School leaders: who sits at your table? And four more questions for the new year

Zachary Walker. 

Every generation brings new faces, new ways of thinking and new challenges into our classrooms. In order to prepare students for the dynamic, exciting world they are entering, it is important that we understand and honour this generation of learners. We can do this, in part, by questioning our own ways of thinking. As school leaders prepare for 2019, I’d like to propose you ask yourselves the following five questions:

Are you acknowledging reality?
The number of unique mobile users (individuals owning a mobile device) was up again in 2018 and now 75% of the UK population owns a mobile phone. We use mobile phones for social activities, directions, work, entertainment, shopping, and countless other activities. But schools are often the one place we do not allow the use of mobile devices.  Read more ›

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Posted in accountability and inspection, Evidence-based policy, Leadership and management

If young people are to change the world they need the knowledge, the global skills and the belief they can do it

 

Douglas Bourn. 

The impact of globalisation on economies, societies and communities is one of the major issues of today. It can be seen in Trump’s emphasis on “America first”, the rationale behind Brexit and recent social events in France.

There are a range of educational initiatives in the UK and internationally to equip learners with the knowledge and skills to respond to these challenges. These include the new UK government funded programme on Connecting Classrooms Through Global Learning, the OECD PISA initiative on global competencies and UNESCO’s programme on Global Citizenship  Education.

As someone who has promoted learning about global issues for over 25 years, for the last decade at IOE (see the Professorial Lecture I gave this week here), I am however Read more ›

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Posted in International development, Teaching, learning, curriculum & assessment, young people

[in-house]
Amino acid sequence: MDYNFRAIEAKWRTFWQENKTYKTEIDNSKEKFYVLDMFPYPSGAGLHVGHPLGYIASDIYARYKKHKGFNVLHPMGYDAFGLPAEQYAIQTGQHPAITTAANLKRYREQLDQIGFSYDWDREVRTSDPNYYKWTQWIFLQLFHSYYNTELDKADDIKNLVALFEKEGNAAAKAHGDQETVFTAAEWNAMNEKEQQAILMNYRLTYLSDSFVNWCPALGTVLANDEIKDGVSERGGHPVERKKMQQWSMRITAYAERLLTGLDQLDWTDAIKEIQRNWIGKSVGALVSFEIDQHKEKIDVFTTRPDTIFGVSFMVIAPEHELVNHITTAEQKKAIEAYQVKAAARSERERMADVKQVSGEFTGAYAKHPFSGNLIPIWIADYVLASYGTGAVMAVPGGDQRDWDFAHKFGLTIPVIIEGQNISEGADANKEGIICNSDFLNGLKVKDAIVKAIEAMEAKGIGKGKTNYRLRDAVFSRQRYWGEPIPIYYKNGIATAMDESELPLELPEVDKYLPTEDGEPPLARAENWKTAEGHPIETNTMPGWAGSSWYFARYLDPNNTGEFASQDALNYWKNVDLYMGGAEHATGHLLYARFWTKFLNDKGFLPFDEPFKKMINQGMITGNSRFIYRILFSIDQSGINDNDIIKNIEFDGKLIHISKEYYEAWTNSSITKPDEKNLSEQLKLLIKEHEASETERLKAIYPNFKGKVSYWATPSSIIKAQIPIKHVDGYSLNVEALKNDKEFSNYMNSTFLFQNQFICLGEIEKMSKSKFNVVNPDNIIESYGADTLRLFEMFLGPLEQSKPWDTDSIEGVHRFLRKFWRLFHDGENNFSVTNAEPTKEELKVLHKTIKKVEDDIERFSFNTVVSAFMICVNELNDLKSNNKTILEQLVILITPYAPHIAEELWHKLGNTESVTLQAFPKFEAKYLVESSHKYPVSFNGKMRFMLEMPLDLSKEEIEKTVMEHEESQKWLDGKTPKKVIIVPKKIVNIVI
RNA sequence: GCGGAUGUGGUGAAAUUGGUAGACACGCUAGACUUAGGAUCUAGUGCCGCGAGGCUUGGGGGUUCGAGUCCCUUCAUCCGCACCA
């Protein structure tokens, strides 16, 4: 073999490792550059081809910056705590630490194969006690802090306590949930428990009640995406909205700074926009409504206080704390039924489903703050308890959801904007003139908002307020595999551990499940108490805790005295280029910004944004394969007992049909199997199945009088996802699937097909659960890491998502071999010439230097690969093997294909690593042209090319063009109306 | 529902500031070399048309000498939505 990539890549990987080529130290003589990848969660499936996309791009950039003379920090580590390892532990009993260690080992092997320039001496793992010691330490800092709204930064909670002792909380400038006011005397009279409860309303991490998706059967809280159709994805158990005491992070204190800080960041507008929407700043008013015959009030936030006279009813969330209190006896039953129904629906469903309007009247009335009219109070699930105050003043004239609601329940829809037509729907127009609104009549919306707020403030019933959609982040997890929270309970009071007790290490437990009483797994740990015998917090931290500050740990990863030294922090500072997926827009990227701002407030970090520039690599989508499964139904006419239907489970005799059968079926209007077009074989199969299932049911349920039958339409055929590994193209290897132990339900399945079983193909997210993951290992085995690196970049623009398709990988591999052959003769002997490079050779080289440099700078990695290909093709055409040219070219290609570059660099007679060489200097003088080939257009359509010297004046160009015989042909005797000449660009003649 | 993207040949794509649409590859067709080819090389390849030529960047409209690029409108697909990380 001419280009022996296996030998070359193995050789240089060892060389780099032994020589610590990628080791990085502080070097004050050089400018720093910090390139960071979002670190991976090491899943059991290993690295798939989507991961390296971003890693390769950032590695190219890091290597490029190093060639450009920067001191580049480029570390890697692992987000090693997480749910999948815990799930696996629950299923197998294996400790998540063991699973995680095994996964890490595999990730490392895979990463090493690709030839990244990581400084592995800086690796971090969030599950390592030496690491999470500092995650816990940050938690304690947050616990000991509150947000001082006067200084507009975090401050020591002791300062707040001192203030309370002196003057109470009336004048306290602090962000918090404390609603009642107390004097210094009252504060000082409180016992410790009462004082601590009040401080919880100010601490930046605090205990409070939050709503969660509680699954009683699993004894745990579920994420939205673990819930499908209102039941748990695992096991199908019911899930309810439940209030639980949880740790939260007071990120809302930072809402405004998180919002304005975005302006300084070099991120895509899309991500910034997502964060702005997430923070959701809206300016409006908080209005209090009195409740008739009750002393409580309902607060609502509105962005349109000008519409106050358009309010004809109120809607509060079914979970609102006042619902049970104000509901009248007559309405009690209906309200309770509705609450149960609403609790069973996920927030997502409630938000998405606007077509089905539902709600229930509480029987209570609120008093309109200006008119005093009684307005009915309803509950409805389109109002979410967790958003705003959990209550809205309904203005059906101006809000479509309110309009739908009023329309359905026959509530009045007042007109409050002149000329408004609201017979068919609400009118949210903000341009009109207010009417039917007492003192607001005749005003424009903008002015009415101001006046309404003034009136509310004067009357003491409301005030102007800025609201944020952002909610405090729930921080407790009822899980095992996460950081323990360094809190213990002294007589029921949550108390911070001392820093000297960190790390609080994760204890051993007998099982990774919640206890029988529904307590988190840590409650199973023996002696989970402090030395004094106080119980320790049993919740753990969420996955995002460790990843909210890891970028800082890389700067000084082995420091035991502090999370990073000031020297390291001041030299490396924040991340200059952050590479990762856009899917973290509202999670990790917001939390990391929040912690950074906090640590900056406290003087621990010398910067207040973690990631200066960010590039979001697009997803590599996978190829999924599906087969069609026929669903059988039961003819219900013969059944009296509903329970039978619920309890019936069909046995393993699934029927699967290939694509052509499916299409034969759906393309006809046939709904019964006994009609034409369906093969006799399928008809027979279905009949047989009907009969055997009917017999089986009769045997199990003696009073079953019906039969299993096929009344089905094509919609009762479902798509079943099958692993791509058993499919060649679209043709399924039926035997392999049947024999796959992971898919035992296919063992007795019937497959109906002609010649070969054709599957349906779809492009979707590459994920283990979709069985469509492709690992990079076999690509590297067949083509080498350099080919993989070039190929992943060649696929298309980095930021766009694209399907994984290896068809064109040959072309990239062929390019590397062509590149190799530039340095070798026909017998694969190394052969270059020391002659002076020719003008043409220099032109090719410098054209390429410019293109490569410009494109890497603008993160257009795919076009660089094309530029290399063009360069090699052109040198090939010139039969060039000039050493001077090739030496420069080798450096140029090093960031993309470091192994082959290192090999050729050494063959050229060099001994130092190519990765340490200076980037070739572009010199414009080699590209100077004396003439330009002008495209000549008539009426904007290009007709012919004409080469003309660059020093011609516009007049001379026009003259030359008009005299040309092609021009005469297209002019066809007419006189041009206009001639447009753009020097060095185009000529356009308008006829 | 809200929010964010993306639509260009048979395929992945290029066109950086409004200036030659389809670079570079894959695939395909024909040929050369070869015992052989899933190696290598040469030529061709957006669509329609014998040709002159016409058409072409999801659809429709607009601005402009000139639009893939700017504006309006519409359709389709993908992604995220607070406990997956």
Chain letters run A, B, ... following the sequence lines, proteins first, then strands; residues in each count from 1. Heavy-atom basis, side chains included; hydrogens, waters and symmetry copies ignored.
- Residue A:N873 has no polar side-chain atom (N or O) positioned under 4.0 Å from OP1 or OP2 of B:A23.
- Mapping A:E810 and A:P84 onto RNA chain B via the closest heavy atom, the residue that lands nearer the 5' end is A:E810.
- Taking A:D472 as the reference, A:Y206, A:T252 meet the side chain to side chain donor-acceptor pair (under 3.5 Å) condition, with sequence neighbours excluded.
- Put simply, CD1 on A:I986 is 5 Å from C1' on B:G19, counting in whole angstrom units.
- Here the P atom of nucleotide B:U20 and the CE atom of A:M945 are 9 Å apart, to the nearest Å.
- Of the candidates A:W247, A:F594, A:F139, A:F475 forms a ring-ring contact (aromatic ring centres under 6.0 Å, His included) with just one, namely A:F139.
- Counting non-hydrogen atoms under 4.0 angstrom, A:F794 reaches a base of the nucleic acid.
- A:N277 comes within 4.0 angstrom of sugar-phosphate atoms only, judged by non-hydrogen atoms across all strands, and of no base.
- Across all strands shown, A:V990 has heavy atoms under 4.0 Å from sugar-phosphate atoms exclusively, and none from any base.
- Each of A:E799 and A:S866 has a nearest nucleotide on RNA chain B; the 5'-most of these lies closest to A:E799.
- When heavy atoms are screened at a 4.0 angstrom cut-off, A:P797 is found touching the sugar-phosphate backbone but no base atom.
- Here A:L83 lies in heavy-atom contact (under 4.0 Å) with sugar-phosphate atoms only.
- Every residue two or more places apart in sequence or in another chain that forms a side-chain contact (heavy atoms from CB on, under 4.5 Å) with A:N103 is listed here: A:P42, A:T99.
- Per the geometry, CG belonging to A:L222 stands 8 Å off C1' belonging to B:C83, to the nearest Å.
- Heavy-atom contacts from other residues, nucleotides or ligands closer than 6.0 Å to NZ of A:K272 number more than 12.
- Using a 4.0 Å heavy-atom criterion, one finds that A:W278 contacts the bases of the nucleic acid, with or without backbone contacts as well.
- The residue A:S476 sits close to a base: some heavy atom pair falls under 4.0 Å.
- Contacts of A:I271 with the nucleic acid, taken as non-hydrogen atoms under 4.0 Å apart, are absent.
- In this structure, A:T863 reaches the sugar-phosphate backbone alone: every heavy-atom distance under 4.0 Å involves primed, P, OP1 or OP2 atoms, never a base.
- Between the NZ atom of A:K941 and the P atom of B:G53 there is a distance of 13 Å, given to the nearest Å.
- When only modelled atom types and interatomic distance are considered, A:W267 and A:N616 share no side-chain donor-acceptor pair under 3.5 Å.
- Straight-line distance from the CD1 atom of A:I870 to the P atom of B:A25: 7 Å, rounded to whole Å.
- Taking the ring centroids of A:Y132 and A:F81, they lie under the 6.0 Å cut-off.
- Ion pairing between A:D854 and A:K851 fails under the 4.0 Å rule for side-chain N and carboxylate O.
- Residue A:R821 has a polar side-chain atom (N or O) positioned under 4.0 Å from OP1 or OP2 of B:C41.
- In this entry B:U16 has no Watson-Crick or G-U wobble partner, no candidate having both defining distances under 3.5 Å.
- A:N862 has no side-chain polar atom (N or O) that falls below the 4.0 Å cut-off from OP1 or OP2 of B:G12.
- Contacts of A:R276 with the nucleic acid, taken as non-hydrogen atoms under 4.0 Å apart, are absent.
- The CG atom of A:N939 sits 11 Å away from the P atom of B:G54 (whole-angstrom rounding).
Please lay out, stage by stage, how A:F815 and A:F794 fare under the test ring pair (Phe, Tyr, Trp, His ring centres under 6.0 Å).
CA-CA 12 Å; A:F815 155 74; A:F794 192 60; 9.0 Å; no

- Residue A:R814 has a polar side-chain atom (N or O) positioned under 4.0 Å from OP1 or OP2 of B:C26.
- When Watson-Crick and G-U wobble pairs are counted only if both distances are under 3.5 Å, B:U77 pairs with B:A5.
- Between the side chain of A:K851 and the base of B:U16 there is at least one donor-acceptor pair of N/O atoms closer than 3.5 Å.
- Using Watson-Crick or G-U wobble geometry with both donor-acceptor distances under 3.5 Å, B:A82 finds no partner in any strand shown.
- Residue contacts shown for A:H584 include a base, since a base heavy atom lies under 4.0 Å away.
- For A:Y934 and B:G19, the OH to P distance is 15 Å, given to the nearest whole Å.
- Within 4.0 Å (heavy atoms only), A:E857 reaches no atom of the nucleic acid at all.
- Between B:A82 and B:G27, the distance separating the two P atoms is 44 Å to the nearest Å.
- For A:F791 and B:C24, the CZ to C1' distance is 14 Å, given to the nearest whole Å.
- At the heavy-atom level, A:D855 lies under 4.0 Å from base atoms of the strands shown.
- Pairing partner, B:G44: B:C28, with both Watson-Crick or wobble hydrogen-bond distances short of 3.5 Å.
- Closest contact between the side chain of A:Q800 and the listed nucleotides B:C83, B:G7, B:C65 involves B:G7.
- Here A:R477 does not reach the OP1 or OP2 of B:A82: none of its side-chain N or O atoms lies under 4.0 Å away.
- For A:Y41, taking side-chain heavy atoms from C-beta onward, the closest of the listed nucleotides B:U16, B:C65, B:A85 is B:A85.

70 years on from the UN Convention on genocide, we must continue to learn the lessons of the past

Yesterday, Sunday 9 December 2018, marked the 70th anniversary of the adoption by the United Nations General Assembly of the Convention on the Prevention and Punishment of the Crime of Genocide (writes Nicola Wetherall). As we formally recognise this important milestone, the UCL Centre for Holocaust Education believes it provides an appropriate moment to consider the legacy of the Convention and its forefather, Raphael Lemkin, as well as the challenges and opportunities it presents us with in the present day in terms of prevention and education.

Professor Stuart Foster, the Centre’s Executive Director, commented: 

“Genocides occur because perpetrators place no value on the rights and humanity of ‘others’. So, it is imperative that we educate for a world in which understanding overcomes ignorance and empathy prevails over brutality.”

Teaching and learning about genocide – be it the Holocaust, or those that came before or after it – is not an easy endeavour. The Centre work’s on daily basis with teachers, helping to support those who wish to develop their practice and make their students’ encounters with the Holocaust and the phenomena of genocide as meaningful and productive and possible. 

Read more ›

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Posted in Teaching, learning, curriculum & assessment

There’s more than one way to get a PhD: enhancing women’s career opportunities in HE

 

Ginny Brunton. 

The latest figures from the Office for National Statistics show that women in academic careers earn on average some 16% less than men. The Times Higher Education reported that 30 institutions had mean average pay gaps in excess of 20 per cent per hour, noting that  more men than women occupy higher-paying senior roles. While the gap has gradually been decreasing, there substantial questions about career advancement for female research staff remain.

Many of these challenges are well-known: women take breaks to have children, and often return part time. When women do pursue higher education to advance their career, they report doing it later in life, for intrinsic satisfaction, and not usually as part of a research group. So women’s trajectories and motivations for undertaking a PhD may not fit in with the standard paths currently on offer at higher education institutions. This situation is not helping to narrow the gap.

Since researchers without a PhD lack the necessary qualifications to apply for more advanced faculty positions, one question we should be asking is: Read more ›

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Posted in Further higher and lifelong education, Research matters

Europe: educators across the continent have always worked together

Hugh Starkey.

While politicians and pundits tear themselves apart over the Brexit negotiations, it’s worth bearing in mind that European cooperation in education precedes UK membership of the European Union.

As the UK transitions to a new political and diplomatic relationship with Europe, the London Review of Education (LRE) is planning a special feature and has put out a call for papers that reflect on, celebrate and critically appraise ways in which education has evolved in the UK and in mainland Europe in response to opportunities offered by European cooperation.

The Council of Europe, which the UK played a leading role in founding in 1950, now includes 47 member-states. It promotes educational and cultural Read more ›

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Posted in Research matters
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